I scratched my head when a small business in New York City asked us to do just that: build a website with brand personality.
Then it occurred to me that small businesses should be even better at projecting their personalities online than big companies.
Debra Kravet is the client. Her high end dry cleaning company had been around for more than half a century and the parents and grandparents of many of her customers had been with her almost that long. The challenge was attracting new customers, which was tough, because the company, Fashion Award Cleaners, doesn’t have a store front. It’s all pickup and delivery.
Her first website looked like this:
I asked her about the company name. What did it mean? Debra didn’t know. She’d bought the name along with the business and customers a long time ago. She did know that she wanted to keep the name.
Hmmm. Fashion Awards. Had the fashions that came into her cleaners won designer awards? Who knew? We puzzled over things for a while and rendered four concepts then called Debra. We showed her the ideas on a computer – we’re in Miami and she’s up north – and talked her through them on the phone. She looked at them and … crickets!
She didn’t like any of them. Back to the drawing board, whatever that is these days. We bounced ideas around focusing on personality, fun and involvement. We kept coming back to the unusual name, Fashion Award Cleaners, and that brought us to the concept of fashion shows and then the idea of places in New York where the people who design and wear award winning fashions might go.
The Dry Cleaner You Use When All of New York is Your Catwalk.
We loved that line when we put it with illustrations of different places in New York with tall models walking along the catwalk across the website. It was right. After that, it was all details, like the content of the website.
Debra’s upscale customers certainly didn’t need or want cleaning advice. That’s her job. So what would interest this tough audience? How about a blog focused on New York Events where these lovely garments might show up?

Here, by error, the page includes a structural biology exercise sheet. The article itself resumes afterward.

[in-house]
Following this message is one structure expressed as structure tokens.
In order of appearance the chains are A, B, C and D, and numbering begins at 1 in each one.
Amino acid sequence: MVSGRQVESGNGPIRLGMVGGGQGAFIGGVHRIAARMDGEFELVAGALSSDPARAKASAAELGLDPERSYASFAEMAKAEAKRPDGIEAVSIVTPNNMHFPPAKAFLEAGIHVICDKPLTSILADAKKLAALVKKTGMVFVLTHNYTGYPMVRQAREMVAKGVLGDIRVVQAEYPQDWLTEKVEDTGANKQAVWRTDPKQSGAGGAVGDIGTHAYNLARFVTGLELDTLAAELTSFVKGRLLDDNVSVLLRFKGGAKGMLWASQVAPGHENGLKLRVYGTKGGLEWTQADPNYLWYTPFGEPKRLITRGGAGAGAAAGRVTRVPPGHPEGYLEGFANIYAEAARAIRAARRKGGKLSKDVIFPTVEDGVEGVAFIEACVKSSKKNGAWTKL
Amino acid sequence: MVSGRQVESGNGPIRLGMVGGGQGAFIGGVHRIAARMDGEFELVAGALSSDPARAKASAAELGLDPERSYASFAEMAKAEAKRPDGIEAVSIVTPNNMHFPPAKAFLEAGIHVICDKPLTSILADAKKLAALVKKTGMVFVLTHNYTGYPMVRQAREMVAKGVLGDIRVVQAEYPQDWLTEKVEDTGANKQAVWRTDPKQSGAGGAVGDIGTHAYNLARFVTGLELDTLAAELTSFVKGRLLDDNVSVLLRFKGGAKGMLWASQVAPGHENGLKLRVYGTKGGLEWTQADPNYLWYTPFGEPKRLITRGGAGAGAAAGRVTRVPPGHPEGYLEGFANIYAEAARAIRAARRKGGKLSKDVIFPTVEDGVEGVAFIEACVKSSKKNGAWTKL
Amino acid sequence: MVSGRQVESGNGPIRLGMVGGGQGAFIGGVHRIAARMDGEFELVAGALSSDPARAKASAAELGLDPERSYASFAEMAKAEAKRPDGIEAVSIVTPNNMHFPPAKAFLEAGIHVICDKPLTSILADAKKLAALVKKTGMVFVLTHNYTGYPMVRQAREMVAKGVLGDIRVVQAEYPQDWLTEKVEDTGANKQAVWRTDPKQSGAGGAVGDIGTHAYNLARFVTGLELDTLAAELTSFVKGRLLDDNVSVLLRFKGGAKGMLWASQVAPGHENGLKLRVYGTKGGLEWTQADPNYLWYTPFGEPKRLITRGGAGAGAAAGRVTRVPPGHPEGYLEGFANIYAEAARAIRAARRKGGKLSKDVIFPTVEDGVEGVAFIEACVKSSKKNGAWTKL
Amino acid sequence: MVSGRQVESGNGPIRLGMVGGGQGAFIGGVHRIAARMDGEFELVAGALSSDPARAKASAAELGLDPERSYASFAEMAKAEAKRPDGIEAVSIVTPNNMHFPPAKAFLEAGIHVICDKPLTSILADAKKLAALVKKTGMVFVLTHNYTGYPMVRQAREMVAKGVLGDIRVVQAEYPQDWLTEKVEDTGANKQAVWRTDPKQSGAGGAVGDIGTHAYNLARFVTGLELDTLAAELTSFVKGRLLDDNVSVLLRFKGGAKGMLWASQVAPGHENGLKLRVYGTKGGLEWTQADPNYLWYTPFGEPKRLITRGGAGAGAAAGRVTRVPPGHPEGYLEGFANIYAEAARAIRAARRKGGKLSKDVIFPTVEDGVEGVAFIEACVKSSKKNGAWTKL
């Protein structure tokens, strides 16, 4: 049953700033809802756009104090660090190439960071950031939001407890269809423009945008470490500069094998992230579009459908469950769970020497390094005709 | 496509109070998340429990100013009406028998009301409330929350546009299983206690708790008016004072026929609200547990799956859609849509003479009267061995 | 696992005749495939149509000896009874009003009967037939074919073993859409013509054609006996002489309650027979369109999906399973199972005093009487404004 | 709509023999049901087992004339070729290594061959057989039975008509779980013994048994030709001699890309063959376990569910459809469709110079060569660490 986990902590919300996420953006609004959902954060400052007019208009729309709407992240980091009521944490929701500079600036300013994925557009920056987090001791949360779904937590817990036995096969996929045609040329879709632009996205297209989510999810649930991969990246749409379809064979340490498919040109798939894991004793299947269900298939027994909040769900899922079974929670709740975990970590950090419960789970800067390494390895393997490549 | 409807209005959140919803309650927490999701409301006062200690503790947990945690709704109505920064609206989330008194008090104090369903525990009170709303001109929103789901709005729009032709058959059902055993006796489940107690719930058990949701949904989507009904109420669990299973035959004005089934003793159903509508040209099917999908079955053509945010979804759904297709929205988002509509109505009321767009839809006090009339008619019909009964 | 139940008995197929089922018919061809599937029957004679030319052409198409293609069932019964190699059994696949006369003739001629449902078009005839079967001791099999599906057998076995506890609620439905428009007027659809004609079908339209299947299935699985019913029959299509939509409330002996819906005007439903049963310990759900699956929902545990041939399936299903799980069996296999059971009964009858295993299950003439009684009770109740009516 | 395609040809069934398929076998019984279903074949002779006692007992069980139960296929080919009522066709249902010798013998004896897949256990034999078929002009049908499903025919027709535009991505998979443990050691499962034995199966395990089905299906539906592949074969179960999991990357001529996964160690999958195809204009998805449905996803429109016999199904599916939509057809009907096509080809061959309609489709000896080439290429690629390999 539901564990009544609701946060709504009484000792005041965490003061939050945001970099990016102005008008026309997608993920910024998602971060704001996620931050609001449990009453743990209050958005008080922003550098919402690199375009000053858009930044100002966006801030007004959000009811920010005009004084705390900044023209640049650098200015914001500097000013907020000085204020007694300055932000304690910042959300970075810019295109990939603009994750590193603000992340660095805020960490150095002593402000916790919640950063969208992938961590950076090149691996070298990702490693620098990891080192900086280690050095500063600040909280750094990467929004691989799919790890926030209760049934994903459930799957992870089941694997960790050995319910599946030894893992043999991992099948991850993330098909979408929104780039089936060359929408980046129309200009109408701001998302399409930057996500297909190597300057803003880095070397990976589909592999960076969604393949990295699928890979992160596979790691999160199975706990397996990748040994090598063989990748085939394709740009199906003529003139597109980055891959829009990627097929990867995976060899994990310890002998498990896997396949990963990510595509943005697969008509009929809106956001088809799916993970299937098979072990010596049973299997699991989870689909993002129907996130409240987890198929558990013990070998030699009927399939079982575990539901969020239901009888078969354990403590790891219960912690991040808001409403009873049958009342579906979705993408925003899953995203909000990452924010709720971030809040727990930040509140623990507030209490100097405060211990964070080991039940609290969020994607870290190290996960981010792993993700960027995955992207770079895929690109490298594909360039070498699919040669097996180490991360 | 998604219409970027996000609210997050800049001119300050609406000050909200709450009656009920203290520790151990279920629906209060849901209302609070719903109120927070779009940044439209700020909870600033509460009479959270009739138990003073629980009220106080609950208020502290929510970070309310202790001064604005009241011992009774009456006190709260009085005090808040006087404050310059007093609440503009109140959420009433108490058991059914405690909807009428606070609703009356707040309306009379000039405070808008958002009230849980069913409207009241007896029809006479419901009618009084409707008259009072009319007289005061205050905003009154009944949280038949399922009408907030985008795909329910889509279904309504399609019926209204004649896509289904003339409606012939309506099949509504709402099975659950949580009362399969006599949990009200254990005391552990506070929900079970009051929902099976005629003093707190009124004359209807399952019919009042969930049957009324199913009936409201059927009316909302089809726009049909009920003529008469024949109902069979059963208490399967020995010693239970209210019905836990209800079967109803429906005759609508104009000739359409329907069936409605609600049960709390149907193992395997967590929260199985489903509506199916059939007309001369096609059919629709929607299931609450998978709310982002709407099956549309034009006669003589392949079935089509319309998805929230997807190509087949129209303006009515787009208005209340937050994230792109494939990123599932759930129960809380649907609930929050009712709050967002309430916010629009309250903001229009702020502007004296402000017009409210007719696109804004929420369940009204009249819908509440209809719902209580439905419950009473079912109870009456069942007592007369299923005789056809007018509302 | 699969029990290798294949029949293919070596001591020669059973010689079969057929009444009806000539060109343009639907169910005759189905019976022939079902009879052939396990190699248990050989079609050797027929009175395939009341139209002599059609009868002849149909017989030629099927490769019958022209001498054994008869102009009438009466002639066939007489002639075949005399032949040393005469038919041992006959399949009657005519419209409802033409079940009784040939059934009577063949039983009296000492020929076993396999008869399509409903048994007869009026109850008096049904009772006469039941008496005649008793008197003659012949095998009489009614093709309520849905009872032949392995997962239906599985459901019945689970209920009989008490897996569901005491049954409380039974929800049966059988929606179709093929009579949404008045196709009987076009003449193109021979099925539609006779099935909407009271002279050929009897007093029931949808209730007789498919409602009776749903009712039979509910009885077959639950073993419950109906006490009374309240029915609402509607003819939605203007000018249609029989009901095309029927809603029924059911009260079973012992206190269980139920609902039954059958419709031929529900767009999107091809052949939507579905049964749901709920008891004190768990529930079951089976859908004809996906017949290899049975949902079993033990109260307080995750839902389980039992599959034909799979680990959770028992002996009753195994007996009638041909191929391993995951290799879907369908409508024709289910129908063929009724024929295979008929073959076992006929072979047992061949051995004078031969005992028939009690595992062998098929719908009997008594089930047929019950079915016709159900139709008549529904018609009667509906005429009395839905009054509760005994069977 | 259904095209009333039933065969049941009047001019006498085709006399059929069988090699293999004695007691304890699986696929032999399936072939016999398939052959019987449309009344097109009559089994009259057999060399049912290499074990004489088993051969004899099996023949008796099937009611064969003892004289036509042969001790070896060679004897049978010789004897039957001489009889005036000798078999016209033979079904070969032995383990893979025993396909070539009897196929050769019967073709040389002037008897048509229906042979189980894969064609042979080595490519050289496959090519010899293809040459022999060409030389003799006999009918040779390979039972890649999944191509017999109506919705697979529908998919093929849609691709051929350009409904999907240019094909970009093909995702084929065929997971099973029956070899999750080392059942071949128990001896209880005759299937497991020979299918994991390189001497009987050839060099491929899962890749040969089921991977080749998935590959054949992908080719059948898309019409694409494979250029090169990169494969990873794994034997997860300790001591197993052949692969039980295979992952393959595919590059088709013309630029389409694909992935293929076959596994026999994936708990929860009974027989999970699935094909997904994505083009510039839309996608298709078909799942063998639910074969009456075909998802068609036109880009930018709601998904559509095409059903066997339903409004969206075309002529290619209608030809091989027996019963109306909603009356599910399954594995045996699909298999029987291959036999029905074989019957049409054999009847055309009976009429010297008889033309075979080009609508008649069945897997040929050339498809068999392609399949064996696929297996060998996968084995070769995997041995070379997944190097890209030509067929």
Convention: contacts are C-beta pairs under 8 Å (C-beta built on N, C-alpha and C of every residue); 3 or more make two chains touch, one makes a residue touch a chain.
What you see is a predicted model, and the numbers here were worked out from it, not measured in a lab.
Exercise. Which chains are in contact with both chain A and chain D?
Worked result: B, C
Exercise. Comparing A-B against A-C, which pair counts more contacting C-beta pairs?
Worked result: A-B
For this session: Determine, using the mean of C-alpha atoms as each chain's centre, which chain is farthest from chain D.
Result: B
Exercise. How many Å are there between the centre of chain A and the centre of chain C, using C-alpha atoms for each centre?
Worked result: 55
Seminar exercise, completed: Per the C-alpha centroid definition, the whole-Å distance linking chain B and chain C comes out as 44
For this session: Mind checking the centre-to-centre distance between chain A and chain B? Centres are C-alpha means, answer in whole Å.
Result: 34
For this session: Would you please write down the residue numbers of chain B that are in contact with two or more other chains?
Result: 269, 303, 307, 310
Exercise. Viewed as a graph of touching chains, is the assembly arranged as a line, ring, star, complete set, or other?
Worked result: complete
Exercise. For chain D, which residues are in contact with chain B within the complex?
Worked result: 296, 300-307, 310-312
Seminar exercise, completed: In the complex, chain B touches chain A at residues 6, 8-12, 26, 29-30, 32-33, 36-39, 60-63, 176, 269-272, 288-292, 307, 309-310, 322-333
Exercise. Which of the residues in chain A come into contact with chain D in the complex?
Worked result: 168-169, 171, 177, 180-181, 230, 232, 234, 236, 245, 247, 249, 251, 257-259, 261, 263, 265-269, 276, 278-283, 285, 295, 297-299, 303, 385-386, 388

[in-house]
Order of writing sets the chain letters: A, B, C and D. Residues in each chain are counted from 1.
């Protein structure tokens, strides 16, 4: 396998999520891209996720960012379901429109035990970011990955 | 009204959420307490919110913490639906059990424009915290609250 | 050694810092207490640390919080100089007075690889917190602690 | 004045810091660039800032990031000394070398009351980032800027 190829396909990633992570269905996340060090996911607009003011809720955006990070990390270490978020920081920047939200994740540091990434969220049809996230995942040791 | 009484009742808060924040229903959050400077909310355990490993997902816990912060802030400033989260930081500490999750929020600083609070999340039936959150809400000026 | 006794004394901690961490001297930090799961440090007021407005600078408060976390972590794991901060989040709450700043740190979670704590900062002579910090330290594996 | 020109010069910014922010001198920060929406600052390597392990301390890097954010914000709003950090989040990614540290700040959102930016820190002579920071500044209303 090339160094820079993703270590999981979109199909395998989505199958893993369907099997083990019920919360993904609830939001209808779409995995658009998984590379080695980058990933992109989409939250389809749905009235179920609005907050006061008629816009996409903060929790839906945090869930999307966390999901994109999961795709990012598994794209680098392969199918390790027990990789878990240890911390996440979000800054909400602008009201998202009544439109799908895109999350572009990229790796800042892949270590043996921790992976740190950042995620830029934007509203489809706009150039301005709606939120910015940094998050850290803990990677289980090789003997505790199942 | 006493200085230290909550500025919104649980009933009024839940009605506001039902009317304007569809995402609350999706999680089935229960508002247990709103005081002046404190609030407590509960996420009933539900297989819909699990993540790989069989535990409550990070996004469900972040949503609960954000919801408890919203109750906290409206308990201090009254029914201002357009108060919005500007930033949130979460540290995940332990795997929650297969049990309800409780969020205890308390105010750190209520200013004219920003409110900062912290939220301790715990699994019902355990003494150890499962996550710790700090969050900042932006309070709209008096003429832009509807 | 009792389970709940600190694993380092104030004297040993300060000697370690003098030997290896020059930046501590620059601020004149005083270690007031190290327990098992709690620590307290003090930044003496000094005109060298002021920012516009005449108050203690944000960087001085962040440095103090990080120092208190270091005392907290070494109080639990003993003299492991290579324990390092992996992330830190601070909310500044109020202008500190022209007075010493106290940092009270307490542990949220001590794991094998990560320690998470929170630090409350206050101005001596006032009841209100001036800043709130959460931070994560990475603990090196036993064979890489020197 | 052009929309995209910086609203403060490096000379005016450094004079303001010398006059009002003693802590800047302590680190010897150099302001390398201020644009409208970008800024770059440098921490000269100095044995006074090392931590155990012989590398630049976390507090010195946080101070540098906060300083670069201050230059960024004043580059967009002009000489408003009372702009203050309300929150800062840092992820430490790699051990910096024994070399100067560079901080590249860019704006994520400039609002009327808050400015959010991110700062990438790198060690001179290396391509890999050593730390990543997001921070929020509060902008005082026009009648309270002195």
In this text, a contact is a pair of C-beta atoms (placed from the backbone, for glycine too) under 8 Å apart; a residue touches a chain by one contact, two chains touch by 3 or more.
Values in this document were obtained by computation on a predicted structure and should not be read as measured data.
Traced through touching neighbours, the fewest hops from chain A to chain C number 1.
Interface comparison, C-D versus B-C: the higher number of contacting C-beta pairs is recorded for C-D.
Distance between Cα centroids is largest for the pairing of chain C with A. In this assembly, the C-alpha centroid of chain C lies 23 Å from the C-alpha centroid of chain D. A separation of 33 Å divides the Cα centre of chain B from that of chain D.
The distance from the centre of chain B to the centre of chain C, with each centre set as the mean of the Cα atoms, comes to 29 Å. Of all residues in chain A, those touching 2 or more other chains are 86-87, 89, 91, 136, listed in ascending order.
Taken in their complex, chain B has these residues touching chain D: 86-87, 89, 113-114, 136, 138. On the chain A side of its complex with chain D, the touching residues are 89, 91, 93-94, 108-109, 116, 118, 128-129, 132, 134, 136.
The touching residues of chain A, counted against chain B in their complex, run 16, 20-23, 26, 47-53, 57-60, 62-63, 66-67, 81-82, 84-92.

Thus the Talk of the Town blog was born, with the T in Town crossed out and replaced with a G - Talk of the Gown. New York’s filled with ideal events for this sort of thing: a new show at The Guggenheim, a Soho Gallery party, a new restaurant, an off-Broadway hit, jewelry, a real fashion show and on and on. Each post links to the event and we always mention at the end of the post that dazzling outfits cleaned and tailored at Fashion Award Cleaners might be at the event, looking perfect.
The new brand personality and look are already on Fashion Award’s trucks and it would be cool if we could get the models walking along the sides of the trucks like they do online.
Here are a few things to consider if you’re thinking of developing an online personality for your small business brand: 1. Does your brand have a personality now? Does it look like most of the companies in the category, or is it unique?
2. Do you show people in your photos? People like to look at other people (not stock shots).
3. Does your copy sound down to earth or is it full of “corporatese” that’s really just a company talking to itself?
4. Do you sound like a friendly brand? Friendly works. Apparently Diane Sawyer’s ratings are going up for that simple reason.
When you get a chance, please tell us about your branding efforts and your company’s personality. The comments section below is great for that. Thanks for reading this.
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